MAYVILLE - Chautauqua County's sales tax rate will stay at 7.5 percent in 2012.
Legislators voted on the issue for the third and final time Wednesday night, first debating what the rate means to taxpayers.
Lori Cornell, D-Jamestown, was first to comment, calling the continuation of 7.5 percent a tax increase.
"It is not in the best interest of Chautauqua County taxpayers, I believe, to increase taxes and what we are doing here, in effect, is increasing taxes," Cornell said. "If we do not make this request, the tax rate in Chautauqua County next year will be 7 percent. By voting for this, we are voting in favor of an increase to our tax rate next year. I oppose increasing taxes for Chautauqua County residents."
The tax rate resolution ultimately passed the legislature in a 20 to 4 vote, with Keith Ahlstrom, D-Dunkirk, absent from the meeting. Along with Cornell, the resolution was opposed by John Gullo, D-Fredonia; Vickeye James, D-Jamestown; and Maria Kindberg, D-Jamestown.
Majority Leader Larry Barmore, R-Gerry, responded to Cornell before the vote by saying that the continuation of 7.5 percent is not a tax increase.
"The sales tax rate in Chautauqua County is currently 7.5 percent. This resolution will maintain the tax rate at 7.5 percent," Barmore said. "It is not a tax increase. By not passing this tonight, the sales tax will decrease to 7 percent (and) we lose $6.4 million in revenue which we then have to make up in property tax increases. I don't think anybody in Chautauqua County, especially those that own property, would be in favor of that happening."
Agreeing with Barmore was Jamestown Democrat Chuck Nazzaro, who said he would be in favor of as high as an 8 percent sales tax rate. Nazzaro pointed to other counties throughout the state that all have rates higher than Chautauqua County.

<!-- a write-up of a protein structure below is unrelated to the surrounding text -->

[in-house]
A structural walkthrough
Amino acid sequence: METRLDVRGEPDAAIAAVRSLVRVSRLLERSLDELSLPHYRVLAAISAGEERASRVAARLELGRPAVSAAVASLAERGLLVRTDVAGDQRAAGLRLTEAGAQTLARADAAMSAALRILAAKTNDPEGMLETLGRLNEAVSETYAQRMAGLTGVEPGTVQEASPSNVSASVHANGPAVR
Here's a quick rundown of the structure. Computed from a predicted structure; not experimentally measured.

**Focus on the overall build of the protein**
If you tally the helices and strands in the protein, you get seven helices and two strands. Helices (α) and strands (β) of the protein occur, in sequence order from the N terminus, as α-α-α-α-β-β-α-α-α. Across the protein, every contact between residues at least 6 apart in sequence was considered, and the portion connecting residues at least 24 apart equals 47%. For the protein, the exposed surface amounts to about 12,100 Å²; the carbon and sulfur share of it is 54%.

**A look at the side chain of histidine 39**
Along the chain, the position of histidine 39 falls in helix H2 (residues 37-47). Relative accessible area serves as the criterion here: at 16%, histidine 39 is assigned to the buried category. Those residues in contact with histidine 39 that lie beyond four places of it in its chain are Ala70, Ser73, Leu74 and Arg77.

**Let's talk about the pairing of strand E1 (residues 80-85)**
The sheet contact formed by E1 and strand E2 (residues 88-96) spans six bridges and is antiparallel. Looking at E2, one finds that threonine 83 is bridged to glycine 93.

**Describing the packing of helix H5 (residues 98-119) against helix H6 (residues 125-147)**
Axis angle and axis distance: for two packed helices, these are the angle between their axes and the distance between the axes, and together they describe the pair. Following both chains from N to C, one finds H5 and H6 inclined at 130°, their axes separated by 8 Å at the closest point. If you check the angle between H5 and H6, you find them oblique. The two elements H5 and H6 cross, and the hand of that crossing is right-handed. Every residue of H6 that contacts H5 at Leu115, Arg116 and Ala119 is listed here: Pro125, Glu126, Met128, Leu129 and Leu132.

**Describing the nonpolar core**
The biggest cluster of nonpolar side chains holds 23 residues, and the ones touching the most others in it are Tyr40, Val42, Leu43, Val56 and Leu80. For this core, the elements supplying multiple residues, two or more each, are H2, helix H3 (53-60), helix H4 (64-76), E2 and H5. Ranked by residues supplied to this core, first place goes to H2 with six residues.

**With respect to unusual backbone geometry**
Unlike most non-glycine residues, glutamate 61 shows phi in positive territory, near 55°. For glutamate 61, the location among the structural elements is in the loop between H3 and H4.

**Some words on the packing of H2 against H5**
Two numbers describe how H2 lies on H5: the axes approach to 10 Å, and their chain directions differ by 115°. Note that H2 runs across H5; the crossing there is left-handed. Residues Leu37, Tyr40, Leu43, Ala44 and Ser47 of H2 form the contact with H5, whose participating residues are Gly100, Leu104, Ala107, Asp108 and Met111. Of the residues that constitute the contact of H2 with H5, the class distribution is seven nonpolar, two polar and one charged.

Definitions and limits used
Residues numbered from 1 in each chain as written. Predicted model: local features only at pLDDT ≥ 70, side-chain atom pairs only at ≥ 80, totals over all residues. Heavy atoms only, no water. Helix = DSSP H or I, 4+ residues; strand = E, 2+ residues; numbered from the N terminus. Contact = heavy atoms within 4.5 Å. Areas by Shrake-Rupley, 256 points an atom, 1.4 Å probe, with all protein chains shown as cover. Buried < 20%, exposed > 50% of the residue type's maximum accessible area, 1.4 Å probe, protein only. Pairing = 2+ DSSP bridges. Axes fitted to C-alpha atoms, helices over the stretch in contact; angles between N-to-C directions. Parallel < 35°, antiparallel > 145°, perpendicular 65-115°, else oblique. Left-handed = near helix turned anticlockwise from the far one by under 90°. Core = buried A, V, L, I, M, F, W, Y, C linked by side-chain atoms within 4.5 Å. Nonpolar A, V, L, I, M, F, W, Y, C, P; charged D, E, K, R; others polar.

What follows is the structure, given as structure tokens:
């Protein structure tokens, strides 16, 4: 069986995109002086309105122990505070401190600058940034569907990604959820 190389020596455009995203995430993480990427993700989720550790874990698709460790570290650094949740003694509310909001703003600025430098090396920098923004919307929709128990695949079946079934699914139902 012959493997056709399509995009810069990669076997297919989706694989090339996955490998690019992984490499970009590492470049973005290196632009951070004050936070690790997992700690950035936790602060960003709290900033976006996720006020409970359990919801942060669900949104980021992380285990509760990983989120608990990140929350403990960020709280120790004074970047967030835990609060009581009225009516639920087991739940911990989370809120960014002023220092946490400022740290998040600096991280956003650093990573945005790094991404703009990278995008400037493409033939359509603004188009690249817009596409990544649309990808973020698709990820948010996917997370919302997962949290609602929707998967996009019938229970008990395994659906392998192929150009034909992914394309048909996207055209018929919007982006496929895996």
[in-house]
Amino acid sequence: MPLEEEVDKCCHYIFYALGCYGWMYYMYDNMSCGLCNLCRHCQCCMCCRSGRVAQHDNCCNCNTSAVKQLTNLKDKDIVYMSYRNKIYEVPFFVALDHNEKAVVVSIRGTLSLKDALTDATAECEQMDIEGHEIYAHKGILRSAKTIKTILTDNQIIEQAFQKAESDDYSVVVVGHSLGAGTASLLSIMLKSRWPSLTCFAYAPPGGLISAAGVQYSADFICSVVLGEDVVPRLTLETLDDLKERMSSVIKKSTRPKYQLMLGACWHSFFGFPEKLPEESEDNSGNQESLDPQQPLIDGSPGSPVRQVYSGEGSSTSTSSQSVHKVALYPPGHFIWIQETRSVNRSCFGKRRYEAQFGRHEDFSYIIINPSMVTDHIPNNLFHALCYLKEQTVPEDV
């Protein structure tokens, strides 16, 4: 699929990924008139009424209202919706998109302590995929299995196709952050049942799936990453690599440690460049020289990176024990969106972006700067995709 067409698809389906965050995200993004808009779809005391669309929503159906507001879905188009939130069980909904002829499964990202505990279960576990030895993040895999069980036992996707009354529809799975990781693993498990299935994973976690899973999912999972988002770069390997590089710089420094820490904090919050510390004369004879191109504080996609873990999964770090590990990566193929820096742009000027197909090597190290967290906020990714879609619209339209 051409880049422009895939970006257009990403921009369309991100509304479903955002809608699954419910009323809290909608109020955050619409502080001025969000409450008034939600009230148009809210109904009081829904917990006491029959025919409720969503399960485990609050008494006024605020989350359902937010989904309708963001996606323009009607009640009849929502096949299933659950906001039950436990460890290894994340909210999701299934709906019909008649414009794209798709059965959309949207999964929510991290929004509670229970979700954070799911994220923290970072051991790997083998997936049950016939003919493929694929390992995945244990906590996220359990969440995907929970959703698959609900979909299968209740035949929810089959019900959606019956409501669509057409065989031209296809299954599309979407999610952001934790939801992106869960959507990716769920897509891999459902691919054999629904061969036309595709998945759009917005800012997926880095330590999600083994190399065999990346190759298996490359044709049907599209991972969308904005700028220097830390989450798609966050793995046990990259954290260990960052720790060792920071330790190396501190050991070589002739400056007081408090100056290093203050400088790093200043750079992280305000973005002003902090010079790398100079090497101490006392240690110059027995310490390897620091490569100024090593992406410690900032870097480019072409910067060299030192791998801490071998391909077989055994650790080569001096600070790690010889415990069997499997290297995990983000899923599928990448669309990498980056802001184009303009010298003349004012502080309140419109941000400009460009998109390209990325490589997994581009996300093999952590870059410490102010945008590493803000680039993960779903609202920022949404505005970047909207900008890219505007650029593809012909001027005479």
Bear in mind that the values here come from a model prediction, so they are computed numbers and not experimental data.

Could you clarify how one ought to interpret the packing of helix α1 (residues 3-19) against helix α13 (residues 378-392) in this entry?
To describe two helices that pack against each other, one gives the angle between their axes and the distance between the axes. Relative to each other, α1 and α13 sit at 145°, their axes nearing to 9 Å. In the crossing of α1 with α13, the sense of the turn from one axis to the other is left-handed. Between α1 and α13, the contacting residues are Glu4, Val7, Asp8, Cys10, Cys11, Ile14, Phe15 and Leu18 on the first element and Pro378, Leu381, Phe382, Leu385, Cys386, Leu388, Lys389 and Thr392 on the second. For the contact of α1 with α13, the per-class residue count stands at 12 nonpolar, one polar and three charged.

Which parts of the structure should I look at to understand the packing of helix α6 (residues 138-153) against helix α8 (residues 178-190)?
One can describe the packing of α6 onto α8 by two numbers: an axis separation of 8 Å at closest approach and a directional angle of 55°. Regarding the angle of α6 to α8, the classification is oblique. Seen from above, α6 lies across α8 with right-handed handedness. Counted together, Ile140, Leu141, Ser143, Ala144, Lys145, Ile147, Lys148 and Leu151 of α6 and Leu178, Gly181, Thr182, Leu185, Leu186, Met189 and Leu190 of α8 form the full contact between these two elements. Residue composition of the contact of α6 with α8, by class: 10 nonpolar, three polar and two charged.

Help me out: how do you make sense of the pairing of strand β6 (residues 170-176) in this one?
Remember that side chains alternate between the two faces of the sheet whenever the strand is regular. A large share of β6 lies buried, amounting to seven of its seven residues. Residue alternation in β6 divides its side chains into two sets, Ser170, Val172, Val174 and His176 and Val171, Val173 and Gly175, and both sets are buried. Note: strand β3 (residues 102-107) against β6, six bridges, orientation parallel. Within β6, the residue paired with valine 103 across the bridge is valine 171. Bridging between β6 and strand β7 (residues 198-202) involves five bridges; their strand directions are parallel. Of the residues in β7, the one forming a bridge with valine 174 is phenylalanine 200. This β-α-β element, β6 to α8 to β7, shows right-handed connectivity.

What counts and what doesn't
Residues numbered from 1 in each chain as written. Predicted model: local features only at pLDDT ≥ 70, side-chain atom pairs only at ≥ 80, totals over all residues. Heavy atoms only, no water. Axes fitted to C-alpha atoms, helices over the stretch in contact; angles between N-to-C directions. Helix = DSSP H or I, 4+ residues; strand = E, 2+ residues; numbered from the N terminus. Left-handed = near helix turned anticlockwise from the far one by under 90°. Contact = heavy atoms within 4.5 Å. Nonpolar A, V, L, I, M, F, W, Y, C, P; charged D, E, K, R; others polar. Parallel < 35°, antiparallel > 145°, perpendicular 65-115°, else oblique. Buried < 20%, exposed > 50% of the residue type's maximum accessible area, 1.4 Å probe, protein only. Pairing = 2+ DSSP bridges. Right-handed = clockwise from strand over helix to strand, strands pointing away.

"If we didn't pass this tonight," Nazzaro said, "instead of an $18 million deficit, we'd be looking at a $24 million deficit."
Cornell then said lawmakers should look at the $6.4 million number as taxpayers do, not as a revenue loss but as a tax cut.
Before discussion on the sales tax issue concluded, legislator George Borrello, R-Irving, questioned why a higher rate had once been all right with Democrats.
Specifically, Borrello asked "when Mr. Parment found Jesus" in regards to the sales tax rate in Chautauqua County.
"He was fine the first twenty-something years in office raising the tax rate," Borrello said. "And then all of a sudden he found Jesus when it came to the sales tax."
Borrello said the reality of the situation is that, without the $6.4 million in sales tax revenue, the shortfall will have to come in the form of property tax increases.
"So rather than save 5 cents the next time I buy a blender, we're going to have to raise property taxes to offset that," Borrello said. "I wish we could lower property taxes and we could lower sales taxes and I wish a lot of things. I wish we could have a policeman on every corner. I wish we could have flying cars. We were promised those like 25 years ago too. But the bottom line is we live in the real world and the real world is the state is still spending money faster than we can make it as taxpayers."